You must be flexible when working abroad! It is wise to keep this in mind, when you face a new position. In the interview, Representatives, Principals, will assure you, they support the arts. What does this mean? Ask about furniture, equipment, and supplies, but be prepared for anything. You will never know until you get there. You will not just be teaching Art, but perhaps providing support services to the Parent group, Murals in the school, initiating Art workshop for school decorating of events, committees, dances, festivals, oh yes and Drama and Music class stage productions. Some or all. It’s a lot of fun, learning, tiring, and the support of Admin. and teachers and a smooth supply purchase is helpful.
I hope some of my experiences will help you understand what flexibility is, and remind you of the good days, when a project is delivered successfully.
How can you teach art without paint, or paper, or brushes? Art is not just drawing and painting. However, I have arrived at a school that had NO paper, NO newsprint for drawing, or painting.
A few months into the job at one school, I suggested and inquired from the VP about the neglect or budget constraints which left the Art equipment and supplies old and spotty. He confirmed it was a bit of both neglect and budget restraint. This didn't change anything, but I was able to speak freely. The school had a kiln, however, the kiln furniture was not complete, which made it impossible to fill effectively (the shelves that withstand the kiln temperatures). The manual for the Czech built and speaking Kiln, was also missing (I was not familiar with kiln running). After many searches online and over a few months, it was downloaded. There were no glazes in storage, and we had 25 kg, or so, of clay.
In my first year abroad, the school had two walls of clay and NO Kiln. The Art storage room had a lot of air-brush supplies, and no printmaking supplies. The new display boards in boxes at the back of the room, though, the VP wanted them used right away, and you (I) find this out in your evaluation, too late.
At one school, I followed the process and procedures to purchase furniture, equipment, and supplies, and waited a year for my supplies, when the Principal bought a good amount of equipment for an after school activity. The Department, Teacher(s) were thrilled. A furniture order was made for another Grade, which was brought to my attention later in the year by the Director, yet, he saw me painting my old misfit shelving at the beginning of the year. If you ever find yourself in this position, carefully decide whether or not to speak up, as the response could be negative. But, it does give you an indication of things. Later, it was claimed I did not submit my supply list for the next year, or did not submit it in the right format, either way it WAS my mistake, and I needed to buy my supplies as I went once again. Which, really wasn't a bother, as I had done it before. This is the 'tricky' part of budgets, spending, and getting to know administration.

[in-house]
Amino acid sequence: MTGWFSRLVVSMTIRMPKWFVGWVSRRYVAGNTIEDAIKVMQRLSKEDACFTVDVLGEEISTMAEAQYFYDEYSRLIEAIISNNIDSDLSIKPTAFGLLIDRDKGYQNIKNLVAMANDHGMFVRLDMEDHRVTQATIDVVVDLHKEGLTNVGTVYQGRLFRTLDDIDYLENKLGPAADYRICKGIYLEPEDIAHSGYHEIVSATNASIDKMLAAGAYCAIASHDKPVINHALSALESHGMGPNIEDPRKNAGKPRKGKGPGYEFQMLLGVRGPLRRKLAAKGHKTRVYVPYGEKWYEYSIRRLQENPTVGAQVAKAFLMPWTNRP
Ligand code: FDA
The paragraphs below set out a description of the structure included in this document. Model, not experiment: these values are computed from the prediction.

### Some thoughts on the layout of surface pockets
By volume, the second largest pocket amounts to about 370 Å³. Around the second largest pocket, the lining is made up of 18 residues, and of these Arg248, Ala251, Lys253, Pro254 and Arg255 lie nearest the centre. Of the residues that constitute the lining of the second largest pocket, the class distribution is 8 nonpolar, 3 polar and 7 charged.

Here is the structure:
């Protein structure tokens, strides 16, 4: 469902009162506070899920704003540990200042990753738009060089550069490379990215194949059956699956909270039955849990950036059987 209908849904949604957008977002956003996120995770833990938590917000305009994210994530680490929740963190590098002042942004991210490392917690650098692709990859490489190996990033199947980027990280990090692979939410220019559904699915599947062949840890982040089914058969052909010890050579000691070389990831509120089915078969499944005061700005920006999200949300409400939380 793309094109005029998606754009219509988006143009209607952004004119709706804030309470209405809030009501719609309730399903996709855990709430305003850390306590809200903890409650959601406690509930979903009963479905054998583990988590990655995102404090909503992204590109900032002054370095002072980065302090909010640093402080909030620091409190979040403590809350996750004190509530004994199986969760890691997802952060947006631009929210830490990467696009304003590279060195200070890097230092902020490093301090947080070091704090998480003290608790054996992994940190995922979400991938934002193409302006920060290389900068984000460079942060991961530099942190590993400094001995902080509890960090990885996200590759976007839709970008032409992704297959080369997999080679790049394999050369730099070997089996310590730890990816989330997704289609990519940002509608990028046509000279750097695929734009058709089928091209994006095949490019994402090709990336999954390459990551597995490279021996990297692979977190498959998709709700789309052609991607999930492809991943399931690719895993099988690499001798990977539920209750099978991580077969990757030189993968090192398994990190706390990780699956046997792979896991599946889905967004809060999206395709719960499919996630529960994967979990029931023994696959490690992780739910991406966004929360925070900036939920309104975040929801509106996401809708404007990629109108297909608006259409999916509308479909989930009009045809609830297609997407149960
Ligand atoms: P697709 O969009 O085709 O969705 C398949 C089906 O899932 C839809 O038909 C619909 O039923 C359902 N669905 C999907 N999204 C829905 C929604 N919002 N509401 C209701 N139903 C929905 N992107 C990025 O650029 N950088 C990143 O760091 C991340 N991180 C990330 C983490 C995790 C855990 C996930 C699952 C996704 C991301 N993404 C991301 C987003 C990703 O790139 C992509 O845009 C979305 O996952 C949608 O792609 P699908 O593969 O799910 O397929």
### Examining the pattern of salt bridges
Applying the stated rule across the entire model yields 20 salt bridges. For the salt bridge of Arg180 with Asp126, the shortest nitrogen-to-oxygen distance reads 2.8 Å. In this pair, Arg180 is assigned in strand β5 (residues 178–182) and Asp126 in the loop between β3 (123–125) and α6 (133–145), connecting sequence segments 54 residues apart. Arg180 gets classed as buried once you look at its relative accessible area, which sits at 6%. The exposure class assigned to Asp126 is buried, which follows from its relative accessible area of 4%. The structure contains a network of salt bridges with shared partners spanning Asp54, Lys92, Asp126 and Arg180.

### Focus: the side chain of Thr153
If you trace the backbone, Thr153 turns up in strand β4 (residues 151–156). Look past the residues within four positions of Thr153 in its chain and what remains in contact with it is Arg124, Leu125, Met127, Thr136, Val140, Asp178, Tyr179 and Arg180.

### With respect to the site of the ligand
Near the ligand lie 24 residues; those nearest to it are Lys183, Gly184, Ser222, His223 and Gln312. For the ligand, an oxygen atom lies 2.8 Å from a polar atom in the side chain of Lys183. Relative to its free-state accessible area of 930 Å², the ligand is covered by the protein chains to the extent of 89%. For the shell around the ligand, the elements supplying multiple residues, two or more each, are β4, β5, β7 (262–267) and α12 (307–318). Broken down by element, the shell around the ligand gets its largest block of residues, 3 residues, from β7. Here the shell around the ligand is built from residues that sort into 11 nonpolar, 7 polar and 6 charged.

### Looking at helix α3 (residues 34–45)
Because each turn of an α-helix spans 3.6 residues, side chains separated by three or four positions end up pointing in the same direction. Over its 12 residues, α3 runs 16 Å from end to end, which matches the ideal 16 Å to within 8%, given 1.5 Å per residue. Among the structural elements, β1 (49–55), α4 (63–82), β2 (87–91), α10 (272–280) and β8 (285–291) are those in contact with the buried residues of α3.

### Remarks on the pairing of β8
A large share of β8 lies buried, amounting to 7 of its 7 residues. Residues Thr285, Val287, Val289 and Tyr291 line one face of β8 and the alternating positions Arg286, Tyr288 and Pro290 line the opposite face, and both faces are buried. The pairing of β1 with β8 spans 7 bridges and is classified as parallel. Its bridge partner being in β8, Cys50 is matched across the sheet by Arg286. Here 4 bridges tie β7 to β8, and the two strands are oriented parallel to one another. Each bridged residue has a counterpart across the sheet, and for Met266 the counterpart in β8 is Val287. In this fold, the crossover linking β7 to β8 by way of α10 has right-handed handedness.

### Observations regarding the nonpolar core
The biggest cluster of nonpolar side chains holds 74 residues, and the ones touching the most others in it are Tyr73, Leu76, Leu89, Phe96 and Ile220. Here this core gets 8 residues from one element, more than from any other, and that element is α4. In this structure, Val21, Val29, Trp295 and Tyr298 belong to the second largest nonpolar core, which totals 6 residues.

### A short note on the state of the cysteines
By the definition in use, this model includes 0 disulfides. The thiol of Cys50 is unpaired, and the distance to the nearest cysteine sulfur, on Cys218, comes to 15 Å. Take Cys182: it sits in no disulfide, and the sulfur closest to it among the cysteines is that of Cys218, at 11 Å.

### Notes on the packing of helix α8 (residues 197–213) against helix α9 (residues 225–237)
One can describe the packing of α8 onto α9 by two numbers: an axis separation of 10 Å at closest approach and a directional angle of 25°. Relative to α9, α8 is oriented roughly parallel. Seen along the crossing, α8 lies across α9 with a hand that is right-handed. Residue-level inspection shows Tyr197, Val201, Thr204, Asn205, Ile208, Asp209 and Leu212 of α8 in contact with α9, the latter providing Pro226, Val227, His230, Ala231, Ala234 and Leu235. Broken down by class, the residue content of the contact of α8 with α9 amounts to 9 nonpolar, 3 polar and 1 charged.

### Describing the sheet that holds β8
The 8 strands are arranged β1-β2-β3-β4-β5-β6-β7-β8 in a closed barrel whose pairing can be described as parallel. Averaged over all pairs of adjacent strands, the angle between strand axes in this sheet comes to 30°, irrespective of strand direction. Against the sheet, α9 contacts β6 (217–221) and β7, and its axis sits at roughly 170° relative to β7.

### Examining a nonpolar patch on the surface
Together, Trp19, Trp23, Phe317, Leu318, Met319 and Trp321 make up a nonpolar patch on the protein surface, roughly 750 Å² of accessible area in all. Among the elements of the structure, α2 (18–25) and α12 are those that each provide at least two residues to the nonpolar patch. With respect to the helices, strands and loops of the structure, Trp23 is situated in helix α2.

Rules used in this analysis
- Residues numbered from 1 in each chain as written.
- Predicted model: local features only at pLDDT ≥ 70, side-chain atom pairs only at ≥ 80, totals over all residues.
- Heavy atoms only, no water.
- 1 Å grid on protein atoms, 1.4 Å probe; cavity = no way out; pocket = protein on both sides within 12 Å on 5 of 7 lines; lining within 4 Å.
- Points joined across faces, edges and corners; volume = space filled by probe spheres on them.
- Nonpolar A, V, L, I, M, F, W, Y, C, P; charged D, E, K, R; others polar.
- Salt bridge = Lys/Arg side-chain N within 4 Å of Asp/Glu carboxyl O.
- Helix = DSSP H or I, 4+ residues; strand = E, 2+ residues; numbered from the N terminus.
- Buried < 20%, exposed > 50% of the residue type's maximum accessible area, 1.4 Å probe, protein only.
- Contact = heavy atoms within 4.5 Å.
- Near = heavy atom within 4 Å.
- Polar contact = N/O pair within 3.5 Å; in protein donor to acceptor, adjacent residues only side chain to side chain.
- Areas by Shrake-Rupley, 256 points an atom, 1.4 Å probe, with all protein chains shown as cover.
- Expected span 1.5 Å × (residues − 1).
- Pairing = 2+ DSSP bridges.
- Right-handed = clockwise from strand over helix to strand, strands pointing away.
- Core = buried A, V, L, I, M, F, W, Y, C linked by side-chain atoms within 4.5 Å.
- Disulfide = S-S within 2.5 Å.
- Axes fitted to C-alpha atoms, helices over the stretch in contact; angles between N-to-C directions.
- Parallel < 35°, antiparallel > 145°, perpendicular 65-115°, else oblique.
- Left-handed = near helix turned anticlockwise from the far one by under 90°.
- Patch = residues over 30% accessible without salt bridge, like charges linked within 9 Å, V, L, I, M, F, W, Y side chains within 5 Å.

The need for exhibit display boards was a challenge at another International school. For more display options, I made 5 hanging banners with material donated by my family. The school's existing display boards were heavy to move around and difficult to hang anything on. We covered them with cloth and used straight pins to hold art work to the cloth. I made the new banners at my own expense. The following year, and a New Director, mistakenly saw them as school 'furniture', as they were empty between art displays. He was inspired to replace the cloth with photo banners. I needed to tell him otherwise. At the time, I also told him he could rent the banners from me. That didn't happen. I retrieved the cloth and made new dowels for hanging them again. He cost me money and time.
Upon first arrival, you will check out your classroom equipment, furniture, and supplies. Does the department have a paper cutter (guillotine), brushes, block printing press and printmaking tools, kiln, clay wheel, silk screens, etc. I've been in four schools, and one storage room had a good amount of consumable supplies. If supplies are not in stock, I've had to purchase as I went, and was later reimbursed for them. I've ordered through the Admin. Assistant, or Purchasing person as well.